Do you think Reiser + Umemoto purposefully wrote historical error within their passage about historical error in order to more strongly make the point about the modus operandi of historical error in design itself?
Stirling's evolutionary theory of architecture.
Perhaps what today's architects are really good at is designing buildings that evolve right into extinction.
The 3-dimensional grid has been an implicit architectural/structural design tool pretty much since architecture began.
Yes, Guggenheim Bilbao came in on budget, but that doesn't erase the fact that is was an extremely expensive building as well.
When it comes to optimal (economical) square foot usage, stricter adherence to the grid still wins out.
Architectural design is not structure alone.
No, extinction means extinction, as in evenually not there anymore.
And, one could well say that Stirling practiced architectural design as an ongoing development of architecture's very historical DNA code.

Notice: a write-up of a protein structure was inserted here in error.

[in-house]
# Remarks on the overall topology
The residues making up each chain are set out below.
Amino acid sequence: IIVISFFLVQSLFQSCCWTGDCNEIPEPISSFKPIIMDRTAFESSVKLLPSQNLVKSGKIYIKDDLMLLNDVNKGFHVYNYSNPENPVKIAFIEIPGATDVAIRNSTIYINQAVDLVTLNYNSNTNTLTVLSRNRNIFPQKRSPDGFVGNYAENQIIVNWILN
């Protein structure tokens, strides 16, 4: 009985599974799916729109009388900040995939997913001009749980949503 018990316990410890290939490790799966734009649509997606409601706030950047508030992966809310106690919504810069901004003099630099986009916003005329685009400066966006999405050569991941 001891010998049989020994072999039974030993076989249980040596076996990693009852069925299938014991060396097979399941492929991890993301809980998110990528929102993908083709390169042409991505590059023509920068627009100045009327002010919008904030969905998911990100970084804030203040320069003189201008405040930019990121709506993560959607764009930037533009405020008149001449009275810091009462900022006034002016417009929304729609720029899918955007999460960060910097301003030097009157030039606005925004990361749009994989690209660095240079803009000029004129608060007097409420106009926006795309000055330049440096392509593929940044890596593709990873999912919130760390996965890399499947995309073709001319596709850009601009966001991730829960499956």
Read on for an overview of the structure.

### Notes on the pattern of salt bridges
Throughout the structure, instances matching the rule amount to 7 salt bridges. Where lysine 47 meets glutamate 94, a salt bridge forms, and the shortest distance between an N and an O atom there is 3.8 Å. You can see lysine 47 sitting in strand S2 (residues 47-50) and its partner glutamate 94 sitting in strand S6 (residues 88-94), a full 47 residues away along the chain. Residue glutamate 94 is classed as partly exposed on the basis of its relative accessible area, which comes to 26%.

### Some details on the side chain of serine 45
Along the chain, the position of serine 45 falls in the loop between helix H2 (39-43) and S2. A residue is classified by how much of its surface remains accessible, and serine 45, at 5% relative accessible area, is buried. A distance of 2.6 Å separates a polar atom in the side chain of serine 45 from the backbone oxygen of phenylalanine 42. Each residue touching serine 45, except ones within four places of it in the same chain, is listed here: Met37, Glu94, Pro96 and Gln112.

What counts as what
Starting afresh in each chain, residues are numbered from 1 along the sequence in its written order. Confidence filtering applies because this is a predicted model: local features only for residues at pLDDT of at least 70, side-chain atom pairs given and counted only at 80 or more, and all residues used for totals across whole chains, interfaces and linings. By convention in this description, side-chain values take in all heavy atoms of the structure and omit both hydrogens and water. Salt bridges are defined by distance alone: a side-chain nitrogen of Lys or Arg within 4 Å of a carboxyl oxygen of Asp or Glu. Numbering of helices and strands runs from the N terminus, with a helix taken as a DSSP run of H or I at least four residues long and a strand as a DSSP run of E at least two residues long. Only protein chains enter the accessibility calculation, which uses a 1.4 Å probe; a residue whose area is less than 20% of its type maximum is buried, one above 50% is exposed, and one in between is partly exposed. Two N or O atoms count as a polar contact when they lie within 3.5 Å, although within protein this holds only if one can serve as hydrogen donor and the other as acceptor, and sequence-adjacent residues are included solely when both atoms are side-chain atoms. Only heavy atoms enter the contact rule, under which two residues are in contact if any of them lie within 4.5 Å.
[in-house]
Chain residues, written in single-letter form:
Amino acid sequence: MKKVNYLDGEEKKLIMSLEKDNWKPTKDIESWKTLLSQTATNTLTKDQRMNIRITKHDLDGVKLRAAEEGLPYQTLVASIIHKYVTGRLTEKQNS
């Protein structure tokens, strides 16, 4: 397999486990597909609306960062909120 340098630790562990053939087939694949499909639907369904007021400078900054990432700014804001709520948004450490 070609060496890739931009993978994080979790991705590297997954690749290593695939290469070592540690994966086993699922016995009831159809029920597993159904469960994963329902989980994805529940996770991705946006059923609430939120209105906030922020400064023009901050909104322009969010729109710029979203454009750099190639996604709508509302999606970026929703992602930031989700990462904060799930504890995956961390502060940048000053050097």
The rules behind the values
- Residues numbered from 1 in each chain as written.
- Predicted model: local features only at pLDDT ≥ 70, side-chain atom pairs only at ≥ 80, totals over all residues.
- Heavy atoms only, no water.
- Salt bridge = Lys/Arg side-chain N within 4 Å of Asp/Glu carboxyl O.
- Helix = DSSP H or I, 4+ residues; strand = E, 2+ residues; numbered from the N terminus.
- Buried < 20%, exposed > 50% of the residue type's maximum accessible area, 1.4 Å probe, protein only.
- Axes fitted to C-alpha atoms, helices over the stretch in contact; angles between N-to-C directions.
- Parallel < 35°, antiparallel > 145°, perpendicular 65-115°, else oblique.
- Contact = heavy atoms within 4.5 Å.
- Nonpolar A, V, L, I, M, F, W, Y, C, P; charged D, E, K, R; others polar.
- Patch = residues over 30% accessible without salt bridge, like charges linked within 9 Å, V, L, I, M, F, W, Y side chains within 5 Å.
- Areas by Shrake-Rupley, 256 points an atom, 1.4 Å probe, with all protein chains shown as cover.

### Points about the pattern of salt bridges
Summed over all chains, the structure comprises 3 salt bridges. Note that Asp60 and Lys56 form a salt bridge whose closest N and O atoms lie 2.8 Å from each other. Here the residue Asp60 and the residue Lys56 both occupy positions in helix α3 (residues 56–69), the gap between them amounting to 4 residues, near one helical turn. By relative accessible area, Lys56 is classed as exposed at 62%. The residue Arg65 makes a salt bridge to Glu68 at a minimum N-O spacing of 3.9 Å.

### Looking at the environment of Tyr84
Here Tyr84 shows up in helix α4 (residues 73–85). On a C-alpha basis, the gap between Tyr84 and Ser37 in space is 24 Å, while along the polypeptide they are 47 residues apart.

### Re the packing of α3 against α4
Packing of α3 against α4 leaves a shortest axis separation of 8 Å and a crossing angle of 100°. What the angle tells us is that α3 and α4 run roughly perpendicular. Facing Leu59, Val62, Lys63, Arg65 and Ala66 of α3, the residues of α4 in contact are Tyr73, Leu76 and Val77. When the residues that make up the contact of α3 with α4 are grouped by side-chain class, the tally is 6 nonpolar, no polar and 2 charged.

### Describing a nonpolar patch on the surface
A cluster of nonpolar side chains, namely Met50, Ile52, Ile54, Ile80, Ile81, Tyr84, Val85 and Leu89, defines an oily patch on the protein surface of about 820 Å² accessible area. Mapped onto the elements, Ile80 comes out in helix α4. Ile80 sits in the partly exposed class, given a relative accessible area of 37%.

Perhaps the environment and users now-a-days evolve a lot quicker than building ever could.
It seems to me that the more specifically designed a building is (and even buildings specifically designed to change over time), the quicker those building become obsolete.
The interior of the simple loft building can be just as easily changed.
I forget where, but I read how the Theater of Marcellus has been renovated into multi-story apartments like over a thousand years ago.
Obsolete-ness is gauged by time endurance. I'd say any building that lasts over several centuries has a low obsolete factor. And buildings that last less than a half century have a high obsolete factor. (Planned obsolescence is a whole other (artificial) story.)